By Patrick Engel[Ed: note: scroll for Chef Dad's homemade ice cream recipe or download a printer friendly pdf.]
Not long ago, I had a strange experience with some "premium" ice cream. "Extra Rich" the packaging read. "Ultra Creamy" it boasted. "Family Classic" it appealed to the dad part of me. Whoa, sign me up!
My first clue that something was wrong was the weight. I would expect 1.65 litres of ice cream to weigh somewhat close to 1.65 kg. This carton of ice cream felt light. But that was fine, ice cream has a certain amount of air in it. I got that. (I've heard there's as much as 50% air for "the cheap stuff," but closer to 10 - 15% air for the "premium" brands.) Still ... this ice cream was really light.
My second clue was the feel of the carton. Kind of squishy. A little too
squishy. No problem, I was at the grocery store. Maybe their open freezer was a little warm. I'd just get the ice cream home and into my freezer right away - that would firm it right up.
The third clue was in my mouth. Taste: mediocre at best. Texture: fatty to the point of feeling oily, like a film was forming on the roof of my mouth, reminiscent of eating a past-its-best-date danish. Temperature: this ice cream wasn't very cold. And it didn't really do much in
my mouth. Kind of went in soft, rolled around soft, and went down soft. Hmm ...
So, I clearly wasn't enjoying this "premium" ice cream experience, but as a cheapskate, I don't like to waste things. I had half a bowl of ice cream remaining so I decided to put it away, but not in the freezer; I find thawed and refrozen ice cream to be less than ideal - it usually gets grainy. Instead, I put the leftovers in the fridge. I figured maybe it would be nicer as a sauce, but also because the aforementioned three clues had led me to a hunch - I wanted to see just what this ice cream would do.
It did nothing. It didn't melt. IT DID NOT MELT! I don't know about you, but I like my ice cream solid when frozen, and liquid when not. Not this stuff. This stuff was some kind of slurry made up of 22 ingredients, not one of which was cream. Water was the FOURTH ingredient. So as a result of this experience, I made my own ice cream recipe - it has five ingredients, the first of which is cream, and you can bet your hat that it's premium.Chef Dad's Homemade Vanilla Ice Cream
This ice cream has some fat and a bit of sugar, but I must say you will marvel at the rich, smooth texture and the pure, clean flavour. Five ingredients, no preservatives, chemicals or stabilizers. This will go into your mouth cold and melt on your tongue.
You'll need ...
1 1/2 cups whipping cream
1 1/2 cups milk
1/2 cup sugar
6 egg yolks
1 vanilla bean (split and scraped) or 1 tsp vanilla extract
Here's what you do ...
1. In a medium-sized pot, combine the cream, milk and a few pinches of sugar, and heat just to a boil, then lower the heat and simmer briefly.
2. Meanwhile, combine the egg yolks, remaining sugar and vanilla bean in a stainless steel bowl, and whisk until pale and frothy.
Very slowly add the simmering milk/cream to the sweet and frothy egg yolks, stirring constantly.
3. Once incorporated, return the mixture to a low heat and cook (again, stirring constantly) until the mixture thickens slightly - enough to "coat the back of a spoon," although as I've mentioned before, I don't really like that descriptor. (See my eggnog recipe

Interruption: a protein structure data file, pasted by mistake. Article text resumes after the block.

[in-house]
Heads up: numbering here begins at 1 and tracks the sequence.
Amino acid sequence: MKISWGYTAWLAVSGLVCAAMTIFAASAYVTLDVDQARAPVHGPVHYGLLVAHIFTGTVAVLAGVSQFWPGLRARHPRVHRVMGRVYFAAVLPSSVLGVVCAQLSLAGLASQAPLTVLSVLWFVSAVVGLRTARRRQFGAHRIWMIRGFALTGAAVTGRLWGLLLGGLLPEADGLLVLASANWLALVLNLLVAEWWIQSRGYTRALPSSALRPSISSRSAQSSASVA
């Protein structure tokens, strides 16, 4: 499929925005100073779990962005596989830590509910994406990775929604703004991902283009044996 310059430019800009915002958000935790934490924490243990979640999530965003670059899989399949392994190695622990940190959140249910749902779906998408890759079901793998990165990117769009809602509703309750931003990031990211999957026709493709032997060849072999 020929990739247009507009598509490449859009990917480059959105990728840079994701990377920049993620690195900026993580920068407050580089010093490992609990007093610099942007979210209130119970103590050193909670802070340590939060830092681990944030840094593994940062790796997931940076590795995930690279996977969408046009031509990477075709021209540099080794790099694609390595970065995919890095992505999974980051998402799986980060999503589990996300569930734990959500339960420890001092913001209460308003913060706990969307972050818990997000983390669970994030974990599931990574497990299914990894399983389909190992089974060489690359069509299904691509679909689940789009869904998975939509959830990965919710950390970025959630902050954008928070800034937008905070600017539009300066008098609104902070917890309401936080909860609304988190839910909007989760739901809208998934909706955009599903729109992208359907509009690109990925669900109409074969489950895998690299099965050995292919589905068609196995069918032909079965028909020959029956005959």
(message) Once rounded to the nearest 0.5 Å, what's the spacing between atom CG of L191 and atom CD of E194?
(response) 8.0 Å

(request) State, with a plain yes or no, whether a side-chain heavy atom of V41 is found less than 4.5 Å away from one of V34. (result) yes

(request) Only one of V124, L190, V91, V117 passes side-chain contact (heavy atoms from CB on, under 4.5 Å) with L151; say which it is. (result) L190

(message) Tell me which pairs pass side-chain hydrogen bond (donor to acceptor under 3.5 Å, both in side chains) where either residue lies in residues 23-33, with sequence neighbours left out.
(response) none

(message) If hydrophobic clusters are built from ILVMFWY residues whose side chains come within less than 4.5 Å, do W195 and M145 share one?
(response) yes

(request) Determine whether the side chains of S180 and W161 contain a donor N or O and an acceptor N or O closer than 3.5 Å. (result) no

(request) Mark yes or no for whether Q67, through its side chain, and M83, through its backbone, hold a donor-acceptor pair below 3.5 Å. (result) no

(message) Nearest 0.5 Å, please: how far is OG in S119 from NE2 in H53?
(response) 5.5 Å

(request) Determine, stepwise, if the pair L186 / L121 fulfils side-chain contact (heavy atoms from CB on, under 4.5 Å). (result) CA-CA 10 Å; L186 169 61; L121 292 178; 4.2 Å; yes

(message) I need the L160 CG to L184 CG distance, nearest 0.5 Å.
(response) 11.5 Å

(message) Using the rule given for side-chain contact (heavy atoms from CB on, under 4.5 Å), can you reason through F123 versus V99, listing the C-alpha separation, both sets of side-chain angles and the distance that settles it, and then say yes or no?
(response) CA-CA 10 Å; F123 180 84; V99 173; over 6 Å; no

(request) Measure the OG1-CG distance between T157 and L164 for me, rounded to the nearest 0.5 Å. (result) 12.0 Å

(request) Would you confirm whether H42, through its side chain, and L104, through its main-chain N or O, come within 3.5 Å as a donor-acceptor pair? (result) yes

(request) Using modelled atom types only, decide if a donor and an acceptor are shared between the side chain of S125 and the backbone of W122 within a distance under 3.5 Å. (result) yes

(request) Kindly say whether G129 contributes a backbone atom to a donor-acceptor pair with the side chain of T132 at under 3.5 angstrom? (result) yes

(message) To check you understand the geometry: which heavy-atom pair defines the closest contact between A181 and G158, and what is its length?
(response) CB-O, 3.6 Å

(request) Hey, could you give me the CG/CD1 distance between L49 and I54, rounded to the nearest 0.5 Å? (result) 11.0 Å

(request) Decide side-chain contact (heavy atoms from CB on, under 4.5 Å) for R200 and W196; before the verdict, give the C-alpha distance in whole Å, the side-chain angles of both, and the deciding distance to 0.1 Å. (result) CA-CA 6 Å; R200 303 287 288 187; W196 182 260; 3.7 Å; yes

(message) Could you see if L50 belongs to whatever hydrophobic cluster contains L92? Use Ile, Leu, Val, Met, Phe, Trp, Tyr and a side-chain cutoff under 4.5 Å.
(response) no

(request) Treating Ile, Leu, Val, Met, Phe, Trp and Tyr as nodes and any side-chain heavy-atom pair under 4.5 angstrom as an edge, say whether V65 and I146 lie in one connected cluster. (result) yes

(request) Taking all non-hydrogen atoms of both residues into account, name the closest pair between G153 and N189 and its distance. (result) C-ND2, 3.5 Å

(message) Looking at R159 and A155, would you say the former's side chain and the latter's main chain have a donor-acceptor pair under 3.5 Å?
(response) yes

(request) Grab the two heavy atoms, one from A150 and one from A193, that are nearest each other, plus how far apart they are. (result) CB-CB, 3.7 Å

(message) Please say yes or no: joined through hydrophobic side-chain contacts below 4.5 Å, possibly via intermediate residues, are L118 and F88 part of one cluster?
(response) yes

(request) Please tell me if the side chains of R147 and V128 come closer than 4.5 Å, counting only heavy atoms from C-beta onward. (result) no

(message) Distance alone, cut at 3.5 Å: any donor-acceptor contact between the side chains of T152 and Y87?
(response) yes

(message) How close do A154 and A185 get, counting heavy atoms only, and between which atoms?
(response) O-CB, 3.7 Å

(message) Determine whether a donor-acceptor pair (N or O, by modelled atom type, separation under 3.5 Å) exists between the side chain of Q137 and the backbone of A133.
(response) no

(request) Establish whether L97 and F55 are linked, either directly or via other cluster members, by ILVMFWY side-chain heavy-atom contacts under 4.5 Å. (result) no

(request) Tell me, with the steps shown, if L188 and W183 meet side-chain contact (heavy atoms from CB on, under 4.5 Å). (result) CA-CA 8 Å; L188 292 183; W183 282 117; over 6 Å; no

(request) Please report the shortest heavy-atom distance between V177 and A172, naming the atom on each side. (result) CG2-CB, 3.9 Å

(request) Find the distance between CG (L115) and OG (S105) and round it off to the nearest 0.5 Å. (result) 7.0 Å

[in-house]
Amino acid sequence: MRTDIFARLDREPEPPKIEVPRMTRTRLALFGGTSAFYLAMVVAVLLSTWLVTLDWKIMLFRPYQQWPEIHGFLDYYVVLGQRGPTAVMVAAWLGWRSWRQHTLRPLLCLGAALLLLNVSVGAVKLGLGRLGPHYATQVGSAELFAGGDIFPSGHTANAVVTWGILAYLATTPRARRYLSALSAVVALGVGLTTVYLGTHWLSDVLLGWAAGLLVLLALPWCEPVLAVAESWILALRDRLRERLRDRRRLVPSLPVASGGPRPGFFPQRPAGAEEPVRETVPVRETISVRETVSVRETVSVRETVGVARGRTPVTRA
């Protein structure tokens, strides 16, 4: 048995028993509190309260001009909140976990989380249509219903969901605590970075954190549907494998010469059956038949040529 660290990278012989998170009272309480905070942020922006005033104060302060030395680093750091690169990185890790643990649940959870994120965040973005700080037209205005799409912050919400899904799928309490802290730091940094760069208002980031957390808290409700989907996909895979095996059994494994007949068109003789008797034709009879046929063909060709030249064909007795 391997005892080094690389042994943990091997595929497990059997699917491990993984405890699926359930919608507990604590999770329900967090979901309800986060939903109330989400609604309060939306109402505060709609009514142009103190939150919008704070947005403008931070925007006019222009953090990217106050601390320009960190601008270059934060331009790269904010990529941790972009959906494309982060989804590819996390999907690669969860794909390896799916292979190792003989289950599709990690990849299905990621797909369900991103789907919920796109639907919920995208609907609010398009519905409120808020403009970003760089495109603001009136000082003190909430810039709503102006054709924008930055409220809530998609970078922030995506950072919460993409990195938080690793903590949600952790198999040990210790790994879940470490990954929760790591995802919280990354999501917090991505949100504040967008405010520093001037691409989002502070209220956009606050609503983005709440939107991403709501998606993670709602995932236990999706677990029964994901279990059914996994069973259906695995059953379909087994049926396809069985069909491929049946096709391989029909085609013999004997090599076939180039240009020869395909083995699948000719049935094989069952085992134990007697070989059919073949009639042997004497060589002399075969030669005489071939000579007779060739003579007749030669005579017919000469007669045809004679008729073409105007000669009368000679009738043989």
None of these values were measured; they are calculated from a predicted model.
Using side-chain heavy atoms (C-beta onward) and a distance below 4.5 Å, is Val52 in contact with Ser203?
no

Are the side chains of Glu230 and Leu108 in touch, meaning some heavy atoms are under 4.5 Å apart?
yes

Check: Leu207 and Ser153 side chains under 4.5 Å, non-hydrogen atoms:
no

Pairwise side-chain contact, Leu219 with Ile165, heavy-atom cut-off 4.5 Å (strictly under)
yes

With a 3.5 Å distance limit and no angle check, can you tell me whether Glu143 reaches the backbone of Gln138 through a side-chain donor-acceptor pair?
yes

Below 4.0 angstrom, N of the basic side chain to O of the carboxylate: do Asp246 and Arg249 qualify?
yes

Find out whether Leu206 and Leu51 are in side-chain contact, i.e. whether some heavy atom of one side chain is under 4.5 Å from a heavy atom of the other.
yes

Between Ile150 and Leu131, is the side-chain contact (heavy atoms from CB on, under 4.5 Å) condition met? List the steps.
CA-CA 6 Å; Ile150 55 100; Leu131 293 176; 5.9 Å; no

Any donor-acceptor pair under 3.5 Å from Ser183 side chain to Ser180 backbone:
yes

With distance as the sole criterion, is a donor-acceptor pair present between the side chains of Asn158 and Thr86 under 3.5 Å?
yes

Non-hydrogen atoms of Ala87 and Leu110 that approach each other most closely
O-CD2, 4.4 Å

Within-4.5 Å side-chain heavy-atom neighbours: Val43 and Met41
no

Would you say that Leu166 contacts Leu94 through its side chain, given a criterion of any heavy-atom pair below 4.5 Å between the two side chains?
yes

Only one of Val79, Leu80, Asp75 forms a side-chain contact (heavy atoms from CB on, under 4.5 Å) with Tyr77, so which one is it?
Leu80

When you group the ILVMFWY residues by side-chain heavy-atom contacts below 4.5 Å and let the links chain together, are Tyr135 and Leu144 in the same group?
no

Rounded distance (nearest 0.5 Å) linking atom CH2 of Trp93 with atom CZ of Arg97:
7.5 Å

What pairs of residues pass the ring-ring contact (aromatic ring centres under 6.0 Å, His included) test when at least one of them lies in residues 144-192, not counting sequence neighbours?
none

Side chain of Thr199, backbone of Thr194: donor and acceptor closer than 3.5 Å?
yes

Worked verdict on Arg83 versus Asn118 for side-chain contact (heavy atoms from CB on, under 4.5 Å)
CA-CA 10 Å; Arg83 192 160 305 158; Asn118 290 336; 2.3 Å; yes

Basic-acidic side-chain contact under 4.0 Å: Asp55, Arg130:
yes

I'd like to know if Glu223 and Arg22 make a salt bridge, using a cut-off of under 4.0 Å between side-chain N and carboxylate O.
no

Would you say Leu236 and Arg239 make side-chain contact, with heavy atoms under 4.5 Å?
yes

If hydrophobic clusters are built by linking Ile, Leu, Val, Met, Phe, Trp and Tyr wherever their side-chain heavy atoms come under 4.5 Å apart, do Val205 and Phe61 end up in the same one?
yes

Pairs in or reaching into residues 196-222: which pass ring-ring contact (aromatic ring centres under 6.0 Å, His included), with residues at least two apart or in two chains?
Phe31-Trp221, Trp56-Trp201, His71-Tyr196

. In fact, the method is almost identical. Check it out. I used up all of my best jokes on that recipe's method!) Cook until thickened slightly, but noticeably.
4. Once the anglaise (by the way, you've just made an anglaise, so I will call it that from this point forward) has thickened, strain through a fine sieve and chill completely in the fridge.
5. Once the anglaise is cooled to fridge temperature, the next step is turning it into ice cream. This can be done in a number of ways. The difficult way is to place the anglaise in a stainless steel bowl inside of another larger stainless steel bowl filled with salted ice, stirring long enough to feel like a pioneer churning butter. The easier and slightly more modern way to turn the anglaise into ice cream is to use an ice cream maker.
6. Follow the manufacturer's instructions, and voilà - homemade premium vanilla ice cream! Five ingredients. One of which is cream.
You should make it, and let me know how it works. And tastes! My kids loved it.
Cheffer's Inside Scoop
- If you don't have an ice cream maker, this is still an amazing dessert sauce, served warm or cold.
- Most ice cream machines will produce an ice cream the consistency of soft serve. A few hours in the freezer will firm it right up.
- Once you've mastered the basic vanilla ice cream, you can play - the sky is the limit. Add cinnamon and spices, cocoa powder or other flavour extracts.
- Homemade jam is great when swirled into the ice cream fresh from the machine. When it freezes solid, you will have a ripple ice cream. I have made both strawberry and apricot in this method. Have fun!
||Patrick Engel has been cooking professionally for 15 years. After graduating from George Brown College in Toronto, and training in the kitchens of Rodney's Oyster House and Bymark Restaurant, Patrick relocated to Niagara's wine region, working at Inn on the Twenty, followed by six years as resident chef instructor at The Good Earth Cooking School. Patrick is currently the chef at Hospice Niagara's Stabler Centre and associate chef at The Garrison House in Niagara-on-the Lake. Patrick lives in St. Catharines, Ontario, with his wife, Marnie, and their two boys, Charlie (7) and Johnny (5).
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